The biggest source of surveillance in Britain is through the network of CCTV (closed-circuit television) cameras. On average, an individual will appear on 300 CCTV cameras during a day and those tapes are kept by many organisations for indefinite lengths of time.
On the London Underground network, Transport for London (TfL) keeps footage for a minimum of 14 days. TfL operates more than 8,500 CCTV cameras in its underground stations, 1,550 cameras on tube trains and up to 60,000 cameras on buses.
Network Rail refused to say how many CCTV cameras it operates or for how long the footage is kept.
Britain now has more CCTV cameras in public spaces than any other country in the world. A study in 2002 estimated that there were around 4.2 million cameras, but that number is likely to now be far higher.
Number plate recognition
The latest development in CCTV is the increased use of automatic number plate recognition systems, which read number-plates and search databases for signs that a vehicle has been used in crime.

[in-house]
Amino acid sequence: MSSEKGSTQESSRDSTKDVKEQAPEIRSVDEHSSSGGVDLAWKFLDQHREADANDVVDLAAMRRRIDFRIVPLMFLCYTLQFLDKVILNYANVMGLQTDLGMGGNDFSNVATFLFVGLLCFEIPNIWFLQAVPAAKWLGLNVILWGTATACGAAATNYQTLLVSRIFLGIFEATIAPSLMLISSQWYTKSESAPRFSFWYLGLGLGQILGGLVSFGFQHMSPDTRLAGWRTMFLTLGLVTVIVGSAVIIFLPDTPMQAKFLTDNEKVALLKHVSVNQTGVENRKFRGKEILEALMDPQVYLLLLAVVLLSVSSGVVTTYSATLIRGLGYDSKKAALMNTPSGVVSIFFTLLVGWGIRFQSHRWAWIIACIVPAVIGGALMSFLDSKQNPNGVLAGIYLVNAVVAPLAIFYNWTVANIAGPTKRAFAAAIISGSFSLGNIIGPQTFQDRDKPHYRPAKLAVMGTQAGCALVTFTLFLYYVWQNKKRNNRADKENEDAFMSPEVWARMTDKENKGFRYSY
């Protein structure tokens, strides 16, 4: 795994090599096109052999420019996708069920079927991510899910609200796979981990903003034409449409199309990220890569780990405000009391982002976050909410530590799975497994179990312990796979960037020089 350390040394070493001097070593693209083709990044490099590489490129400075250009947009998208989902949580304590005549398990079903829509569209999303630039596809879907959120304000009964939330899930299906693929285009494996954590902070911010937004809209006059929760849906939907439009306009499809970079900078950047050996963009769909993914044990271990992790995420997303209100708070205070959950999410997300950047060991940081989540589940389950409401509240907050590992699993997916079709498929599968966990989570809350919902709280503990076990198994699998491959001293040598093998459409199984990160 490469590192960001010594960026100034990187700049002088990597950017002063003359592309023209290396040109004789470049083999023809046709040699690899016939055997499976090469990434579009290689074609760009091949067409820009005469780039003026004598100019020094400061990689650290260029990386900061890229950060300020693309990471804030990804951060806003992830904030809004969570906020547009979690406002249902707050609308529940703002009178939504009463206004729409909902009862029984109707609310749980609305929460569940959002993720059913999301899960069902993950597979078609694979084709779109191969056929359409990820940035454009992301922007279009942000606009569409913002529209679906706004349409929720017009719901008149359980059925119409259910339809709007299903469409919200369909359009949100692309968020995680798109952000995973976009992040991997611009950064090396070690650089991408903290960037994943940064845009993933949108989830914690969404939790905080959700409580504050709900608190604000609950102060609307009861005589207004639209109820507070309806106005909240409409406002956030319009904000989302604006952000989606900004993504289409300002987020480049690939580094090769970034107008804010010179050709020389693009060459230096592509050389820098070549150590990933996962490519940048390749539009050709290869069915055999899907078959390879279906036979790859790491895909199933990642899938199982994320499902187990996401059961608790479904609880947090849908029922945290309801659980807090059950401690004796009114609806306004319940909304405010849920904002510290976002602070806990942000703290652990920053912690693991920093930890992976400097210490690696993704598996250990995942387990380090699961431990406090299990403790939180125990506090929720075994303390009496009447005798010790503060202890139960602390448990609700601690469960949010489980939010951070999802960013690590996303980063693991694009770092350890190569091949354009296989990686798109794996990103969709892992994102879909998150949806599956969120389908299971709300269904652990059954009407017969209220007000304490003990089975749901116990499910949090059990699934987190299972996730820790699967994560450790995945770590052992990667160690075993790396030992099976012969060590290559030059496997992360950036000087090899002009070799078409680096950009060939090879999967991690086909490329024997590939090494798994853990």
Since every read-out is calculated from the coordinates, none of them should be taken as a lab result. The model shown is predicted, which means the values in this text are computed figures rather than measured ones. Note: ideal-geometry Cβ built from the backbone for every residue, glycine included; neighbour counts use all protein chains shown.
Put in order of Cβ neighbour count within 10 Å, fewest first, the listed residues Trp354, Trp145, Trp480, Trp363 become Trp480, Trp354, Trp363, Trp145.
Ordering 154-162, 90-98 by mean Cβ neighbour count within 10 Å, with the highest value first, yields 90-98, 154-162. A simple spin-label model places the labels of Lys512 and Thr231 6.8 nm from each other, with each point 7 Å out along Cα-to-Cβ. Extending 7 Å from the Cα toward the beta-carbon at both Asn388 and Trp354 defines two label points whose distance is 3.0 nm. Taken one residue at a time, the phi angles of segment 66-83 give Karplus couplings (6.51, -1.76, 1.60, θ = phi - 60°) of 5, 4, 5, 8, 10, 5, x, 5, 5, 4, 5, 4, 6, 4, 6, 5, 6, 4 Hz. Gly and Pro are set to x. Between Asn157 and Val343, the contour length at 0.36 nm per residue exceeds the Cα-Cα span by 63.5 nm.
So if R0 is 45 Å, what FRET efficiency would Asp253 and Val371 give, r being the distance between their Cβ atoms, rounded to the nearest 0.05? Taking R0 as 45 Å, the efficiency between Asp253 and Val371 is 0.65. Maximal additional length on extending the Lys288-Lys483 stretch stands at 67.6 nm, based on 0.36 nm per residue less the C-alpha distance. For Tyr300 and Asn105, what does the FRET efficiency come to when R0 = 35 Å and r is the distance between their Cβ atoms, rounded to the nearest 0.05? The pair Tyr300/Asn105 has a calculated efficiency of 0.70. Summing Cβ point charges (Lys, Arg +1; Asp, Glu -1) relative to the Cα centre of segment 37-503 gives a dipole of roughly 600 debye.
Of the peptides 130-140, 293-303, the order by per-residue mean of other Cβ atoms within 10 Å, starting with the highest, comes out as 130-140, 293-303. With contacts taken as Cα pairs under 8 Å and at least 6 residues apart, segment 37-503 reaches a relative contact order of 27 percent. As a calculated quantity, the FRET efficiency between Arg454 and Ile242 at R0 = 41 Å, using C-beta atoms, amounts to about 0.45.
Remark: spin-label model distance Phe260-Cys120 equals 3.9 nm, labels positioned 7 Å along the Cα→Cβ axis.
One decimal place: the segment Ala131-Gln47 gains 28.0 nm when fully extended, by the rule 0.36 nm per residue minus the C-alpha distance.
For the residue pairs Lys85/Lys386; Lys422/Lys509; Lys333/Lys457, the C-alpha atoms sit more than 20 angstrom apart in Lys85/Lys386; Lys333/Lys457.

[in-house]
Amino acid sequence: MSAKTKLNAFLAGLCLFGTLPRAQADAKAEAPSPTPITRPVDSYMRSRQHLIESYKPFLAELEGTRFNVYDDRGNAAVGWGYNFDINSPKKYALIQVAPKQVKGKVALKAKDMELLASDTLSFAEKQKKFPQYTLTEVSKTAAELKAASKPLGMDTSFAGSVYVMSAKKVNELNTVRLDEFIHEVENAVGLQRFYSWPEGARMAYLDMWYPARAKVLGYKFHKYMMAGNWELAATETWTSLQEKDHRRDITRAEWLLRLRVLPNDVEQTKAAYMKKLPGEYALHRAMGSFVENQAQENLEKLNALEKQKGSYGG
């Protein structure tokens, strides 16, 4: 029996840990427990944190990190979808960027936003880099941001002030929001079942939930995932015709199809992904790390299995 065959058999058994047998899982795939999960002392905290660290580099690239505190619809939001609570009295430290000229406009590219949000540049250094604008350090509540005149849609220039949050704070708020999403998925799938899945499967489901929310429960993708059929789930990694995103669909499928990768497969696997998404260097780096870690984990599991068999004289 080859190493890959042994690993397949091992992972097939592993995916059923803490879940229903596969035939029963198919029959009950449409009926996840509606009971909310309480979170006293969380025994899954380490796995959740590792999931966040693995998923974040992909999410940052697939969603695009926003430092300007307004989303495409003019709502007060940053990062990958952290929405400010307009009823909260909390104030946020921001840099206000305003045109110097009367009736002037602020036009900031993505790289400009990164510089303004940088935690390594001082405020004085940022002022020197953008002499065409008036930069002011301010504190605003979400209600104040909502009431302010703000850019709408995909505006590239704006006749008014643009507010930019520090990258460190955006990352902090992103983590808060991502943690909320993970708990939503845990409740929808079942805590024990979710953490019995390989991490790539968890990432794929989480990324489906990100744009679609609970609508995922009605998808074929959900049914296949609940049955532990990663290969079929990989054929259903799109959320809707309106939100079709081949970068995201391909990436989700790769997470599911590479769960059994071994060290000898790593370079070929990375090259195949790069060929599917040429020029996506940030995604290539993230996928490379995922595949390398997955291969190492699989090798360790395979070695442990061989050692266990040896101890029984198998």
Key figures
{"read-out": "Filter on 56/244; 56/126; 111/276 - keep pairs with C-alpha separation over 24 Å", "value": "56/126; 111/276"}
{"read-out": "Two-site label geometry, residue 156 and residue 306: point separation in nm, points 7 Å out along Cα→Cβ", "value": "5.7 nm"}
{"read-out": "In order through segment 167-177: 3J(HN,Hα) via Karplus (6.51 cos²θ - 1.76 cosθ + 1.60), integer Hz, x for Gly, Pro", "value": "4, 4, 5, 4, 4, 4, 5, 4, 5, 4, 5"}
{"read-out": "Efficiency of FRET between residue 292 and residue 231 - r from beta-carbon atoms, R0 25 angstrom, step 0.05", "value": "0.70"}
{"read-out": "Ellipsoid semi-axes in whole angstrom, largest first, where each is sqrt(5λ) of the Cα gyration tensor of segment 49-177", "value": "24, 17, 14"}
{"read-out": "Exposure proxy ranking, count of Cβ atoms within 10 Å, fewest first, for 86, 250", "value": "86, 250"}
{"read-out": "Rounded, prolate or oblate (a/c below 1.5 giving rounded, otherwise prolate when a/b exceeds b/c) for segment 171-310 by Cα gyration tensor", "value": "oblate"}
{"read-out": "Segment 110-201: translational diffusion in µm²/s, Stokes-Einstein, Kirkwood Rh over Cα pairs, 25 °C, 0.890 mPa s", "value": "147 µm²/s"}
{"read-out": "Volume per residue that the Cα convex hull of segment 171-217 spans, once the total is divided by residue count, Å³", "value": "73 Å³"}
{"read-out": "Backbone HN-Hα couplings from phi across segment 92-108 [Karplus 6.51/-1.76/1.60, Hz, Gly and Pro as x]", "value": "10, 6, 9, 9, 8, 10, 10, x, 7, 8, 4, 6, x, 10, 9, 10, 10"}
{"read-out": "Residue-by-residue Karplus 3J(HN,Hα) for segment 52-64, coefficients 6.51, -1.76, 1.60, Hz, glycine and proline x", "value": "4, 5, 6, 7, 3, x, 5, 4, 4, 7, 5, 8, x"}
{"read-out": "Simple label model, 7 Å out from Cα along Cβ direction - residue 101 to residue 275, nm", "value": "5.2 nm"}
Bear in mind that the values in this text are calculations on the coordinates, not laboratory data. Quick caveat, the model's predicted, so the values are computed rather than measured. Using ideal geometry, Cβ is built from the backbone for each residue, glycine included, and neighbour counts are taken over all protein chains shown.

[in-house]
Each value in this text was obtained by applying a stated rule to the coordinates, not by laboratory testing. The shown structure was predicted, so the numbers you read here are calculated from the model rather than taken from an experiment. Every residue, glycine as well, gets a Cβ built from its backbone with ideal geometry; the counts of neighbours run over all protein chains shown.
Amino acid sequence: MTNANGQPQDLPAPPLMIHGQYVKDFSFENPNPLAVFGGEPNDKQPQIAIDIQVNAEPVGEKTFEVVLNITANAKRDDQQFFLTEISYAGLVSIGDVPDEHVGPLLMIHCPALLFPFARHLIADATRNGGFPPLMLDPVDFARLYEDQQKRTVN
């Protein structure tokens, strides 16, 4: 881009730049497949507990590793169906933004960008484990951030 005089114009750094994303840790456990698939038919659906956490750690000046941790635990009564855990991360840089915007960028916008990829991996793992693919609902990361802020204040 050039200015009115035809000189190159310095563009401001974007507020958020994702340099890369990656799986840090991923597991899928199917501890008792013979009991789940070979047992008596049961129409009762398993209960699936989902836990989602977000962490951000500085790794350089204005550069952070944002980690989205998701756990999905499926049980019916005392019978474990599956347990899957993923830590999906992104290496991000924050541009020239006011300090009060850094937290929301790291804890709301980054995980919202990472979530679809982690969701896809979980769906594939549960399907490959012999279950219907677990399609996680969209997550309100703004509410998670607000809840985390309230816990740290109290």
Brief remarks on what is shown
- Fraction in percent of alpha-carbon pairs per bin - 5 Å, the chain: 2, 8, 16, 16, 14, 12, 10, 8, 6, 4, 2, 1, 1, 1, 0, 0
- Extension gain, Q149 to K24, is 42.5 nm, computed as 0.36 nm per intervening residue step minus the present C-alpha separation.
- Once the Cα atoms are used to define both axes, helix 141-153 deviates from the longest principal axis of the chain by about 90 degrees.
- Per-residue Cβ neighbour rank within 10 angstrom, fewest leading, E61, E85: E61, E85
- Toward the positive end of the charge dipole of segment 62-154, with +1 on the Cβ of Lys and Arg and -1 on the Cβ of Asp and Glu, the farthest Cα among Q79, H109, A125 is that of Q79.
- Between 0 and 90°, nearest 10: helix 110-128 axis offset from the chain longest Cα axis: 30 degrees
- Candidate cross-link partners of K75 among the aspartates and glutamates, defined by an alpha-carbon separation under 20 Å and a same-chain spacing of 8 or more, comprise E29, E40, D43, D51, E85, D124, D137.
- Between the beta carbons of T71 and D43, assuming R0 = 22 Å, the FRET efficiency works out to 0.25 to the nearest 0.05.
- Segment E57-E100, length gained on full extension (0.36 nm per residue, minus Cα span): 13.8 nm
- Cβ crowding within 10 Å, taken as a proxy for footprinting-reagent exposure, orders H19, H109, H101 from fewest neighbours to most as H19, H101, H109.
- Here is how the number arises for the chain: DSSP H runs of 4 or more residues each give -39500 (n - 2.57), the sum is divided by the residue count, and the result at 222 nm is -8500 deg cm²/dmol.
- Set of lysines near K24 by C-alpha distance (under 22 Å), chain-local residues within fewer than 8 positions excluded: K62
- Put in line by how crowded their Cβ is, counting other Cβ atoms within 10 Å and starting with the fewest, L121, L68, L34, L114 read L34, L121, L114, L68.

A national automatic number plate recognition system is maintained by the Association of Chief Police Officers along motorways and main roads. Every number plate picked up by the system is stored in a database with date, time and location for two years.
Travel passes such as the Oyster Card used in London and the Key card, in Oxford, can also reveal remarkable amounts of information about an individual. When they are registered to a person’s name, they record journey history, dates, times and fares.
A spokesman for TfL, which runs the Oyster Card system, insisted that access to this information was restricted to its customer services agents.
Police, however, can also obtain this information and have used Oyster Card journey records as evidence in criminal cases.
Employers are increasingly using radio-tagged security passes for employees, providing them with information about when staff enter and leave the office.